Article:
adventures in the people's republic of china and beyond

Wednesday, October 17, 2007


Arrival in Urumqi

Wow, that's probably been the longest time I haven't updated my blog! Apologies again - things will get a bit less crazy after I take the GRE next Saturday.

From Turpan, it was a two-hour bus ride over the mountains to Urumqi, during which we got to enjoy some Uyghur VCDs played at extremely loud volume. Arriving at the long-distance bus station, we grabbed a taxi and drove off to the hotel recommended in our Chinese guidebook.

Russian signs in Urumqi.

I was expecting Urumqi to be a grimy industrial town. But cruising in the taxi through the streets, my first impression was that the city felt very new and modern, with lots of tall buildings, but also very sprawled out, kind of like a cross between Beijing and Shanghai. We noticed lots of signs in both Chinese and Russian around, especially places selling manufactured products. The hotel was OK, but a bit too "hostel-y" for me, so we picked up our packs and set out looking for another hotel nearby mentioned in the Lonely Planet. Walking around looking for the hotel, we passed a giant Carrefour and a large public square (Nanhai square). The other hotel turned out to be terribly Western-style and backpacker-y, complete with a bearded Western backpacker guy working at the reception desk, so we left and tried the hotel across the street, which looked quite fancy. You might be curious why I'm so picky about hotels, but the only type of hotel I like to stay in is the standard Chinese hotel that can be had for around 200yuan a night($25) - I can't be bothered to stay in backpacker dives to save 5-10 dollars. When I say "standard Chinese hotel", I'm referring to a room that would be equivalent to a two-three star hotel in the West.

Uptown Urumqi is just like any other big Chinese city.

Huge Carrefour near our hotel.

The other hotel turned out to be quite modern and decently priced (建设大厦) so we settled on there. We went out to eat lunch and decided on Sichuan food, figuring we wouldn't have a chance to eat any decent Chinese food in less developed areas of Xinjiang. The food was average, but rather expensive for such a run-of-the-mill place - as we would later find out, Chinese food in Xinjiang tends to be bad and high-priced.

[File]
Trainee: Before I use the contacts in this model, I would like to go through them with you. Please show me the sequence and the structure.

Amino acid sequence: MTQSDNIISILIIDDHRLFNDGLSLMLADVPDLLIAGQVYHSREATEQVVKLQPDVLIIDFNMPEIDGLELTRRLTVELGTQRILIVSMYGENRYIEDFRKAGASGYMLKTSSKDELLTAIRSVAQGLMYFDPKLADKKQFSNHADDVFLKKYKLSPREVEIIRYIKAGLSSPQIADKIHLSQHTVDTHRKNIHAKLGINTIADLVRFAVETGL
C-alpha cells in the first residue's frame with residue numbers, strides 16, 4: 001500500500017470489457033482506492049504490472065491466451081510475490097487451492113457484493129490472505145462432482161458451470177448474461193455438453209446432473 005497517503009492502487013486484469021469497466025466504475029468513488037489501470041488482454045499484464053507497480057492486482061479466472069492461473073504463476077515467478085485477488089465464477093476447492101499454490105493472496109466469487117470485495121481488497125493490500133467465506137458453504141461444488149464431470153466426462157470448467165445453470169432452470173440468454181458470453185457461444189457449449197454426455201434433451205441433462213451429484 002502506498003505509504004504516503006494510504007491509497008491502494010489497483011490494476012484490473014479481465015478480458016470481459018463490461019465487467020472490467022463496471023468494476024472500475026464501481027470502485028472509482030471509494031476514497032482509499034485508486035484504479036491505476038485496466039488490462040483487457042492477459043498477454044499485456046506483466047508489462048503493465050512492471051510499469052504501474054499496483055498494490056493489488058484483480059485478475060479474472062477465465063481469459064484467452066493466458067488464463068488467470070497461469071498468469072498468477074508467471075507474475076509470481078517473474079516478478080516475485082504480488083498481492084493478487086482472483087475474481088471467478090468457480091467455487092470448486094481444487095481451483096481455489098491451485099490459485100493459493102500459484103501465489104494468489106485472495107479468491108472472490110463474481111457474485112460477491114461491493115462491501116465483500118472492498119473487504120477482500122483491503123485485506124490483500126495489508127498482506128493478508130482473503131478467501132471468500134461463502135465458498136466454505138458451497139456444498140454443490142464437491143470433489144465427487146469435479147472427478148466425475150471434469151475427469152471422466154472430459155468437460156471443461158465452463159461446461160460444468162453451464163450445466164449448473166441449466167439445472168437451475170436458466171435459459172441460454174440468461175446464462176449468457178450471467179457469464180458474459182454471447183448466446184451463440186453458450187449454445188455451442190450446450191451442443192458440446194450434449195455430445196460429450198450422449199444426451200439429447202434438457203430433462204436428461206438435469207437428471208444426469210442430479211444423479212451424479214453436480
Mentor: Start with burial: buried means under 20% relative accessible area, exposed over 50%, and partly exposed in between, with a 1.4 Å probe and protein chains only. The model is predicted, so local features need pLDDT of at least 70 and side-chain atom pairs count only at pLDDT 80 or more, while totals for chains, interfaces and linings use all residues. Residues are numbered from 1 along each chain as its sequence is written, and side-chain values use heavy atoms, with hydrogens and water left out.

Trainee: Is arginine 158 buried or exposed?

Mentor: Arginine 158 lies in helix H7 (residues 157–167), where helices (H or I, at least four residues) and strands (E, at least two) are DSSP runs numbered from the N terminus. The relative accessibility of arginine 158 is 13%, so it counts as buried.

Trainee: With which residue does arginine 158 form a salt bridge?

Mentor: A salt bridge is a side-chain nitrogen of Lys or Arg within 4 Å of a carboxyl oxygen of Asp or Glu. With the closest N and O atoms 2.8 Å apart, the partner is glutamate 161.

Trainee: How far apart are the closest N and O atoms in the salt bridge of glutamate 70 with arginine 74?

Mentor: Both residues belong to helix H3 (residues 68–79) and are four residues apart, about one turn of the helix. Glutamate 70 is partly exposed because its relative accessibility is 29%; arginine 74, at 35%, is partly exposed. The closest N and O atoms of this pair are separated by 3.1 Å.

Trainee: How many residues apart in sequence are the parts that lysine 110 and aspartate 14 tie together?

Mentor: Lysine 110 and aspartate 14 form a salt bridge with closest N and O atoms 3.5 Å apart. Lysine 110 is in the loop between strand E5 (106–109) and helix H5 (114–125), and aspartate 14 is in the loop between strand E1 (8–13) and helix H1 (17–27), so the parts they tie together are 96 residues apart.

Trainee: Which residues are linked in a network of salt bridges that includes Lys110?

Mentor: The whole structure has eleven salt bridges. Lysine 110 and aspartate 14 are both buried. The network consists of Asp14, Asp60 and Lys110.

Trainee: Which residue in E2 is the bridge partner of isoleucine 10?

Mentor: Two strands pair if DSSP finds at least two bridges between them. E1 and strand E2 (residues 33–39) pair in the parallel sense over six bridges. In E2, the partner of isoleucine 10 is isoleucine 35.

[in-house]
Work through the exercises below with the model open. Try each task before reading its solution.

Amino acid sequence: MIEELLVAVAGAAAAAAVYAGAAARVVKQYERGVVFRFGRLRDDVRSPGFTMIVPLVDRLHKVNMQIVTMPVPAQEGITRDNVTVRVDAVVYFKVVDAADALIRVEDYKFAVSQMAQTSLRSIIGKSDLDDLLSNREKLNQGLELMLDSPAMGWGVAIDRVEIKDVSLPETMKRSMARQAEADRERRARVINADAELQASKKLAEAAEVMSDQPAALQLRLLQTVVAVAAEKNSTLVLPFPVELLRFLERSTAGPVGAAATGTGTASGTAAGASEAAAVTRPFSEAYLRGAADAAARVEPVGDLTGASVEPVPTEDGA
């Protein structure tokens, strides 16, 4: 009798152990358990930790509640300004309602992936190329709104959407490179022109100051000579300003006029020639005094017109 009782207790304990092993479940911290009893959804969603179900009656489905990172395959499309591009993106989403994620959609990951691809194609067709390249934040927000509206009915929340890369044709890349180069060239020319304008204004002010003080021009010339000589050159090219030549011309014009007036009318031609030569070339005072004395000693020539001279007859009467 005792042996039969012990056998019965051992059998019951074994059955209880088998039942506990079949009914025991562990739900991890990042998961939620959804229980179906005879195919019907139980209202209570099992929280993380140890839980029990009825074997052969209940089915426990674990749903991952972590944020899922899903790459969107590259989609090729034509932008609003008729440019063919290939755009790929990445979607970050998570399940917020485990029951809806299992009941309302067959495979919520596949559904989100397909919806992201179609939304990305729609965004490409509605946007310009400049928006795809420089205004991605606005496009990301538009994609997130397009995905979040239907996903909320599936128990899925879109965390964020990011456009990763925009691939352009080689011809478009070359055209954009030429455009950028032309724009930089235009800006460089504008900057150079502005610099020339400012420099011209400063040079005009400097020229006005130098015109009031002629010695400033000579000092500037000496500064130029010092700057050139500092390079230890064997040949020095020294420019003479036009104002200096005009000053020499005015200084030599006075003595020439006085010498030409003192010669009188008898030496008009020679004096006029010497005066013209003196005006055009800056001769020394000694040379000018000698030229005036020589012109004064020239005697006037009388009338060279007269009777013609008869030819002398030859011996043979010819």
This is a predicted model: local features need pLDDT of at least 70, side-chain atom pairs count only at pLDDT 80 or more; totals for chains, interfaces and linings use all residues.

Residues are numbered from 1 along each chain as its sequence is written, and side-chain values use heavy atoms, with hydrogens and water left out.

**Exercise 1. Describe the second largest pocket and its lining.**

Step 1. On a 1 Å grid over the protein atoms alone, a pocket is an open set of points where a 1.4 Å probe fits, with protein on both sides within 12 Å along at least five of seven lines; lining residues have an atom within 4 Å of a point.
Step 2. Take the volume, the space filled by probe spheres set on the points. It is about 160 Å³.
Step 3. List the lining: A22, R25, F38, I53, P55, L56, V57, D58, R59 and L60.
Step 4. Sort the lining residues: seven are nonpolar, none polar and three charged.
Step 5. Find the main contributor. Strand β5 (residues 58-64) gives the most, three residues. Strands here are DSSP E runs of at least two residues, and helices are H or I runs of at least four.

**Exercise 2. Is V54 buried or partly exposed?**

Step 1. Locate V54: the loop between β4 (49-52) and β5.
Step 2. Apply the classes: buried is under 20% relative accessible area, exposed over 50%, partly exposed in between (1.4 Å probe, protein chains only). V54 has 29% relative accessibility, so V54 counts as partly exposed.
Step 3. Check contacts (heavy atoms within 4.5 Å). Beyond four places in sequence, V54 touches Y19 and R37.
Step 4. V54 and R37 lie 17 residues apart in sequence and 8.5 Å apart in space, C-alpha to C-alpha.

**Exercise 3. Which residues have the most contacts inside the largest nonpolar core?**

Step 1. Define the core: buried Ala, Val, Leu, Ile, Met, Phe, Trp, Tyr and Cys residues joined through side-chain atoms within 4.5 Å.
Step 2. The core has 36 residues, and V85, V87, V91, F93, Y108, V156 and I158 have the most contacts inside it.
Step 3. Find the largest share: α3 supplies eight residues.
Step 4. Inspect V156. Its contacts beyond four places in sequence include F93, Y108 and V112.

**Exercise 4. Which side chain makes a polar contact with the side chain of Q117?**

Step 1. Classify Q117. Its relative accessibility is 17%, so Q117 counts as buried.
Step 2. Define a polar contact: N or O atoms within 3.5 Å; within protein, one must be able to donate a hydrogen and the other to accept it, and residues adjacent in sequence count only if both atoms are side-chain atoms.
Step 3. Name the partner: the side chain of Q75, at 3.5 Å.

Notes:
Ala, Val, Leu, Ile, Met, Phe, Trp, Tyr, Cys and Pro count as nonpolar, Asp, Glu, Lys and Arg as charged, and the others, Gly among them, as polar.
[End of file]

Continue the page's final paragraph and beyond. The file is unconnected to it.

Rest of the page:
Xinjiang provincial museum.

The provincial museum sounded interesting, so we made it our first stop. The building was quite modern and nice - we didn't take any pictures inside, but it had a few nice exhibits including my favorite: the minorities exhibit! It featured life-sized mannequins of each minority in national dress, along with some cultural artifacts representative of each - my favorite had to be the Russian minority exhibit, featuring forks and spoons as their eating utensils and a complete four-poster bed! The main draw of the museum is, of course, the mummies that have had so much media attention because they're white-looking. I remember watching a show about them on Discovery a couple years ago. The Tarim mummies are indeed rather European-looking and are supposedly from the ancient Tocharian kingdoms in the area. I don't really see what the hubbub is about, given there are living people in Xinjiang who are really European-looking, like my yogurt-making friend in Turpan. Plenty of living Uyghurs have blue eyes, light hair, and other "Caucasoid" traits, as well as people in Afghanistan and Pakistan(read about the Kalash) - so what's the big deal?

Trilingual bus sign. The buses in Urumqi are new, modern, and have bilingual stop announcements in Uyghur and Chinese.

From the museum, we headed to the bookstore. Urumqi, unlike most Chinese cities, has very confusing streets, and none of our maps were particularly detailed. We asked around a bit, and noticed that some of the Chinese in Urumqi have a very peculiar accent - it sounds a bit like the way Uyghurs speak Chinese. We'd noticed it before with a taxi driver and someone else we'd asked for directions.

The Urumqi International City of Books.

The Urumqi Xinhua International Book City is indeed quite large and claims to be the biggest in the Northwest, although I think the one in Xi'an is bigger(it could be argued that Xi'an is not NW, though). I asked around for a book on Uyghur only to be pointed to the same pink book they sold in Turpan, with such helpful phrases as "I'm a worker" and "He is Aerkin's father", but none of the phrases I needed, like "How much does this cost" or "I want some kebabs." All the same, I managed to find a book in the Uyghur section with some helpful phrases, although it was really intended for Uyghurs learning Chinese. But thanks to the modified writing system of Uyghur, every vowel sound is indicated, unlike Arabic, so you kind of know how words should be pronounced.

To be continued...(hopefully sooner this time)

I just happened to come across your blog while searching for something else on Google. I lived in Urumqi for three months, and I really miss it...

Anyway, I wanted to tell you that the signs at the museum actually say "Europoid," which made both me and my boyfriend (Americans) and a group of French people laugh. :)


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